In our new weekly series #PrivacyOfThePeople, we look at the impact of the Personal Data Protection Bill, 2019 on different sections of society. In the past, we’ve covered the effects of the Bill on worker surveillance and agricultural data. In this post, we discuss whether the Bill actually protects user data - specifically when it comes to social media platforms. We examine the need for stronger data protection regulation in a world where data generation is increasing exponentially. We also cover why protecting personal data alone achieves little.
Last week, in the second post in our #PrivacyOfThePeople series, we looked at agricultural data and farmers’ rights under the Personal Data Protection Bill, 2019. Specifically, we also discussed the Consultation Paper on IDEA by the Department of Agriculture, Cooperation, and Family Welfare. In the lack of adequate consultation, consent, or representation, the proposed Agristack seemed to benefit the government and private corporations more than the farmers. Farmers who are direct stakeholders of their own data must have greater say and better protection.
This post continues to discuss how different groups of people are affected by the Personal Data Protection Bill, 2019, and so, for this week, we decided to look at social media users under the Bill. In the past, we have discussed user rights through our blog posts on user rights and voluntary social media verification. We have also detailed some essential features a rights-respecting data protection regulation must have. In this post, we will be taking a closer look at the extent to which the Personal Data Protection Bill protects user data in the content of social media platforms.
In today’s world, our increased dependence on technology has fuelled data creation exponentially. Google now processes 40,000 search queries every second. According to DOMO’s ‘Data Never Sleeps’, every minute of the day - WhatsApp users share over 41 million messages, Instagram users post 300,000 stories, and LinkedIn users apply for over 69,000 jobs. The fact of the matter is that there’s an enormously high amount of data being generated every second merely by engaging with such platforms. While most companies collect user data for the purposes of targeted advertising or website management, the amount of personal and non-personal data they collect varies. In the absence of any data protection regulation, your data may most likely end up with anyone from a researcher to an advertiser to a foreign intelligence agency.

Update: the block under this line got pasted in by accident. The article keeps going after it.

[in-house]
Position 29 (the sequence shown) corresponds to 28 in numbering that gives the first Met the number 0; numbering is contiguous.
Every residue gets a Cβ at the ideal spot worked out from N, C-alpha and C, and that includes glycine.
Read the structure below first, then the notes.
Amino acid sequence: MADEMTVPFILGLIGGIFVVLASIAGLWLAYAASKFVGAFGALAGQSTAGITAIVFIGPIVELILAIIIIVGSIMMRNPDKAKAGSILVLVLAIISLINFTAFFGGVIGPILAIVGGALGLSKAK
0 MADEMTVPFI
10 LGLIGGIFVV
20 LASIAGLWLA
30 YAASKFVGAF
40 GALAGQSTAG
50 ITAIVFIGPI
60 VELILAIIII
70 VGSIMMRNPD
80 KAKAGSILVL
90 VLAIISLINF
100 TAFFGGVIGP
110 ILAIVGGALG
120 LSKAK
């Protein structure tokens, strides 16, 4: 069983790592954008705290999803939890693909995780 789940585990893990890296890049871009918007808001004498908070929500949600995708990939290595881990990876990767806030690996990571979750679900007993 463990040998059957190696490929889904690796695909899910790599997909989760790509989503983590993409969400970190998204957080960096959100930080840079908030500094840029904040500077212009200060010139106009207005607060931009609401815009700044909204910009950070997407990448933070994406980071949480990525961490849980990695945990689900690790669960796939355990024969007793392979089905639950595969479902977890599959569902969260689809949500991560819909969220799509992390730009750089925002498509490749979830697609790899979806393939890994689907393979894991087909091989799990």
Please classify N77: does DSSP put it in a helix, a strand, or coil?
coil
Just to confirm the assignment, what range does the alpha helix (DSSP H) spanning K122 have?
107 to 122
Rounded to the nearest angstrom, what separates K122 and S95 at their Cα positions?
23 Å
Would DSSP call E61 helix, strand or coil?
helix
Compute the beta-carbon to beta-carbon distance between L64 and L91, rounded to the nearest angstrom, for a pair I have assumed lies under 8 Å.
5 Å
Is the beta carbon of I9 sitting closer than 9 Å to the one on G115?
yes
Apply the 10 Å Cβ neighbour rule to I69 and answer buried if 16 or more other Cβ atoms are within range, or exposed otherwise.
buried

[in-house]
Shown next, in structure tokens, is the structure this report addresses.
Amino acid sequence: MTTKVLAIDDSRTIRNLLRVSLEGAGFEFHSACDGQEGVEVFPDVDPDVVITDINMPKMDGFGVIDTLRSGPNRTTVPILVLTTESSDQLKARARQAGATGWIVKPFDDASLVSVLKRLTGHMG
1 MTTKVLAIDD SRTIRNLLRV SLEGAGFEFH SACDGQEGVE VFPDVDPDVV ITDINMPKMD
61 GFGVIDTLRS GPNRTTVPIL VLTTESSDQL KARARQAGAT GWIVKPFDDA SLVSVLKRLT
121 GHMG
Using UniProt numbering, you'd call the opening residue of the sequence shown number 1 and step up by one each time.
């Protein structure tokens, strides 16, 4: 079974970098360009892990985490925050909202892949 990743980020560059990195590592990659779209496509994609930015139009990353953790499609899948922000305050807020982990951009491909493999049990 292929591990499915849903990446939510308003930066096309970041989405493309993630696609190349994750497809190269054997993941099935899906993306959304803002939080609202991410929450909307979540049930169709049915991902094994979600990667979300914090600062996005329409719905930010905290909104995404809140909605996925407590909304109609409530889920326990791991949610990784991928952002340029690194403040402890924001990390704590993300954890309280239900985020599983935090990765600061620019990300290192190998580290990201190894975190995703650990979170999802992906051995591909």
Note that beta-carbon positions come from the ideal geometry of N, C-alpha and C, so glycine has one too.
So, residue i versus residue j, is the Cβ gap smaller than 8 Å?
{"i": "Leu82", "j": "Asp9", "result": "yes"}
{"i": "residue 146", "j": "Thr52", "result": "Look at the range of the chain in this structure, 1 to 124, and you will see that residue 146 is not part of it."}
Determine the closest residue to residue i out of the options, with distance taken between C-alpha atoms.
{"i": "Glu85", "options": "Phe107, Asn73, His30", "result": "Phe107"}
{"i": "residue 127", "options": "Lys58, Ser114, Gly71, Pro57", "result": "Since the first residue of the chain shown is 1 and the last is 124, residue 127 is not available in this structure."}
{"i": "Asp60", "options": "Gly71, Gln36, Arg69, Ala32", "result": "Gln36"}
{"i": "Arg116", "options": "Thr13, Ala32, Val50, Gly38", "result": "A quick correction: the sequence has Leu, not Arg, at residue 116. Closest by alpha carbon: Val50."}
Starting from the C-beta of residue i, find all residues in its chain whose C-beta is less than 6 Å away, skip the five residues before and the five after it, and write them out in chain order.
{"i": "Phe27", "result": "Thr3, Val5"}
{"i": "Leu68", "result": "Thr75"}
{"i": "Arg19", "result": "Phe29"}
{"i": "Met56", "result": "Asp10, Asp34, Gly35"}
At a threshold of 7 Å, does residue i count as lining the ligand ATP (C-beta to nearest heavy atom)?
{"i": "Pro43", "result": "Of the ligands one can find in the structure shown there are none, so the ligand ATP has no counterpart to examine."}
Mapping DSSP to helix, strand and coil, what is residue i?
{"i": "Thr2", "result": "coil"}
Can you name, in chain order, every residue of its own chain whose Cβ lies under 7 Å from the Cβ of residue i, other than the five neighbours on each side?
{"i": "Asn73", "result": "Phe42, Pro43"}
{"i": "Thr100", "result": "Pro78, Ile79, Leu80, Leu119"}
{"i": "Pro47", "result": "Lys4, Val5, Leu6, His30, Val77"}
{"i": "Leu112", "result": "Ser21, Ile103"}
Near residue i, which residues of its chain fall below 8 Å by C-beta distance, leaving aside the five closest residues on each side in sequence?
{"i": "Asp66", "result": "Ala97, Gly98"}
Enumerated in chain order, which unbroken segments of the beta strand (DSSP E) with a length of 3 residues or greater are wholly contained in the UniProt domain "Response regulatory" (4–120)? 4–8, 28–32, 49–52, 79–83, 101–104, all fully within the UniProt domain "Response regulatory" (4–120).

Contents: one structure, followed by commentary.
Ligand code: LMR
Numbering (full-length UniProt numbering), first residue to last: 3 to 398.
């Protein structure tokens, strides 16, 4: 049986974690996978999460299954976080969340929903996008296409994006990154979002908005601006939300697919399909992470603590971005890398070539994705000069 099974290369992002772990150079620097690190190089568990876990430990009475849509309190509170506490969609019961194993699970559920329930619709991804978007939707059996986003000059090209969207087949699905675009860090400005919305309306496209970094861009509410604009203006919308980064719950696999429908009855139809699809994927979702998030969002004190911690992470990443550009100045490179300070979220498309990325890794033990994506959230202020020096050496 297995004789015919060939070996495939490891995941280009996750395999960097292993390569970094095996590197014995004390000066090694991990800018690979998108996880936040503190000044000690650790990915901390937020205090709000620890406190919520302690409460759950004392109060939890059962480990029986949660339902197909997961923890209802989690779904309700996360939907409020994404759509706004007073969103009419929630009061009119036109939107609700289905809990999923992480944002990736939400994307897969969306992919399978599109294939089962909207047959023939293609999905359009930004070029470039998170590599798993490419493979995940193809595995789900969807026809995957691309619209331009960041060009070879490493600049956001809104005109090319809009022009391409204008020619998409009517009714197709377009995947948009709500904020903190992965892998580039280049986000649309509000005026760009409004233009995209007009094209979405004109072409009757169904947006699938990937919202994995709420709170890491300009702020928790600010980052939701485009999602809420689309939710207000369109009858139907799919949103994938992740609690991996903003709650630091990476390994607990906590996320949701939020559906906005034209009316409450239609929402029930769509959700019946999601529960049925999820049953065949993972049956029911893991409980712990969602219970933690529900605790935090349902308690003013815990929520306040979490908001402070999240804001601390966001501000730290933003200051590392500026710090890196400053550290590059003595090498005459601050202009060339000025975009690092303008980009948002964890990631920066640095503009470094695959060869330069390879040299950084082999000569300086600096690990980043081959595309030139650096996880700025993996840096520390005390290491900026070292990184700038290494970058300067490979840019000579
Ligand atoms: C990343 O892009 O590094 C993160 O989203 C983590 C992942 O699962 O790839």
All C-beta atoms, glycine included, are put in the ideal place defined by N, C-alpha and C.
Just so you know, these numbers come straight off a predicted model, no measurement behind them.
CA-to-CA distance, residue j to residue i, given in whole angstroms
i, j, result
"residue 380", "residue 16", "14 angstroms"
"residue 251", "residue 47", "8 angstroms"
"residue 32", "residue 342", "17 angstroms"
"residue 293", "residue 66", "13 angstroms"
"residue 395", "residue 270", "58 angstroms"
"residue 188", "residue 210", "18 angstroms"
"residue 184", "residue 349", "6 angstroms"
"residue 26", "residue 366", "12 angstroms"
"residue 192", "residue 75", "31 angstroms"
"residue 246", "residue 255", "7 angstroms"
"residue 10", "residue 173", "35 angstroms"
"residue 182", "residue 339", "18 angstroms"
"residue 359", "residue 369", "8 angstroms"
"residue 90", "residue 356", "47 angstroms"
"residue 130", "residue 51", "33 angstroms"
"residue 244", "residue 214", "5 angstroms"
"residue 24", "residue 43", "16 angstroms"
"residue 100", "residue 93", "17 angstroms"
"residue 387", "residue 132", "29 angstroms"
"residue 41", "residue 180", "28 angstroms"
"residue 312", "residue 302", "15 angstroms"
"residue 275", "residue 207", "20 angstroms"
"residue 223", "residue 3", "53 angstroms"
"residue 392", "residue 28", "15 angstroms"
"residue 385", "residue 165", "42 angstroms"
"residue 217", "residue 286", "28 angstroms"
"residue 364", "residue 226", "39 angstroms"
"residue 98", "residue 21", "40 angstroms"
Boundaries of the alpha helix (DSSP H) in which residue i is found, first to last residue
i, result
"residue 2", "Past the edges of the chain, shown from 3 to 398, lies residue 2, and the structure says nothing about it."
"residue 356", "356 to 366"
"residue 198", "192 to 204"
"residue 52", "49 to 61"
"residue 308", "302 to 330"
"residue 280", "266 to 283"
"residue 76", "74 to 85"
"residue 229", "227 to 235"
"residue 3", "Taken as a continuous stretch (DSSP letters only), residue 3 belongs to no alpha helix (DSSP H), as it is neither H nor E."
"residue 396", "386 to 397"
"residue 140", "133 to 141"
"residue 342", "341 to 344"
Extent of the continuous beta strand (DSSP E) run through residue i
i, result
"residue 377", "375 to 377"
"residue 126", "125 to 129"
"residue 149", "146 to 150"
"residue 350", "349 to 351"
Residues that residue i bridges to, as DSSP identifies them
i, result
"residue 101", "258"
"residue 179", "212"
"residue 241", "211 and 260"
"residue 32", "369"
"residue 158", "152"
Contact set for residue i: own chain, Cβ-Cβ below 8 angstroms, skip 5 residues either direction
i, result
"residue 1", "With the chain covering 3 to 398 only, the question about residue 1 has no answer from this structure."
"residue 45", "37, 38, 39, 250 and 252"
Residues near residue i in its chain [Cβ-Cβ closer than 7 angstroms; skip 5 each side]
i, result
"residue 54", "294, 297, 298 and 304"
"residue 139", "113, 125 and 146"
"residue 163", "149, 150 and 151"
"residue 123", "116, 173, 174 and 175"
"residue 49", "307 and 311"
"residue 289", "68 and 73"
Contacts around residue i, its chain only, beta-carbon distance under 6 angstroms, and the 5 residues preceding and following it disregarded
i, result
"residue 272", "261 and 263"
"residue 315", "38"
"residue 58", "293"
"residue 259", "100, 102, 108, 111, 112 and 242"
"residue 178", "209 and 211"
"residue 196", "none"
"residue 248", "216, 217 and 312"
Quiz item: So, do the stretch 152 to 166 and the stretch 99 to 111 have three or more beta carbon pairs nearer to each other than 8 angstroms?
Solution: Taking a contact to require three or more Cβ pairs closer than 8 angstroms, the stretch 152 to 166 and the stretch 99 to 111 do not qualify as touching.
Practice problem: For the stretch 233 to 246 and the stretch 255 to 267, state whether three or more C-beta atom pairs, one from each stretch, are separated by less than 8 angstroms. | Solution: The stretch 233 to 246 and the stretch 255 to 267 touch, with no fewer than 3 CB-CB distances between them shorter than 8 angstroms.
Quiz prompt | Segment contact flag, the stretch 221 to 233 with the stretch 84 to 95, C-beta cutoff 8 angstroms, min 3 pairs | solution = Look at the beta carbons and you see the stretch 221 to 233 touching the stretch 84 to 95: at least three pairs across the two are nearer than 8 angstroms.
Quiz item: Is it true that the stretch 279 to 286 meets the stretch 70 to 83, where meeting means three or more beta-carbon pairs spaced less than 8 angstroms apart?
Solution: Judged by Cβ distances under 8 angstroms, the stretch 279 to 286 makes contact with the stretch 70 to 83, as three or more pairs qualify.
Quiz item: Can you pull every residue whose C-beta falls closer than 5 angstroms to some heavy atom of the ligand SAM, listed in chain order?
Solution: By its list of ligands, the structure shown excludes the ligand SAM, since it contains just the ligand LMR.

The Personal Data Protection Bill, 2019 - soon to be India’s first data protection law is definitely a step in the right direction. The Bill intends to regulate the collection, usage, storage, and transmission of personal data of individuals (data principals) by the government and private companies (data fiduciaries). We’ve previously written about some of the essential features a rights-respecting data protection regulation must have.
In a data protection regime that claims to be rights-based, it is imperative that the users are given certain rights against the data fiduciaries. These rights are essential for the users to exercise control over their personal data. As detailed in our explainer on the Bill, Chapter V of the Bill grants users the Right to confirmation and access, the Right to correction and erasure, the Right to data portability, and the Right to be forgotten. Yet data fiduciaries can reject all of these requests if they choose to, and there are no mechanisms in place to contest their decision.
How well does the Bill really protect us when it comes to using social media platforms? Let us take a look at what the PDP Bill has to say about user data that is collected by data fiduciaries, who owns this data, and how it is shared.
The PDP Bill and Social Media
Under the PDP Bill, a data fiduciary (including social media intermediaries) is required to obtain consent for collecting data under Section 7, and consent for processing under Section 11. While seeking consent (by providing notice to a data principal at the time of collection of personal data) under Section 7, a data fiduciary must state the purposes for which the personal data is to be processed under Section 7(1)(a), and inform a data principal about the individuals or entities including other data fiduciaries or data processors with whom such personal data may be shared under Section 7(1)(g). In this context, under Section 11(3), explicit consent is required for processing any sensitive personal data. Furthermore, a data principal must be made aware of the sharing of any personal/sensitive personal data with a third party through a notice under Section 7(1)(g). Thus, the Bill does a fair job at protecting users’ personal data.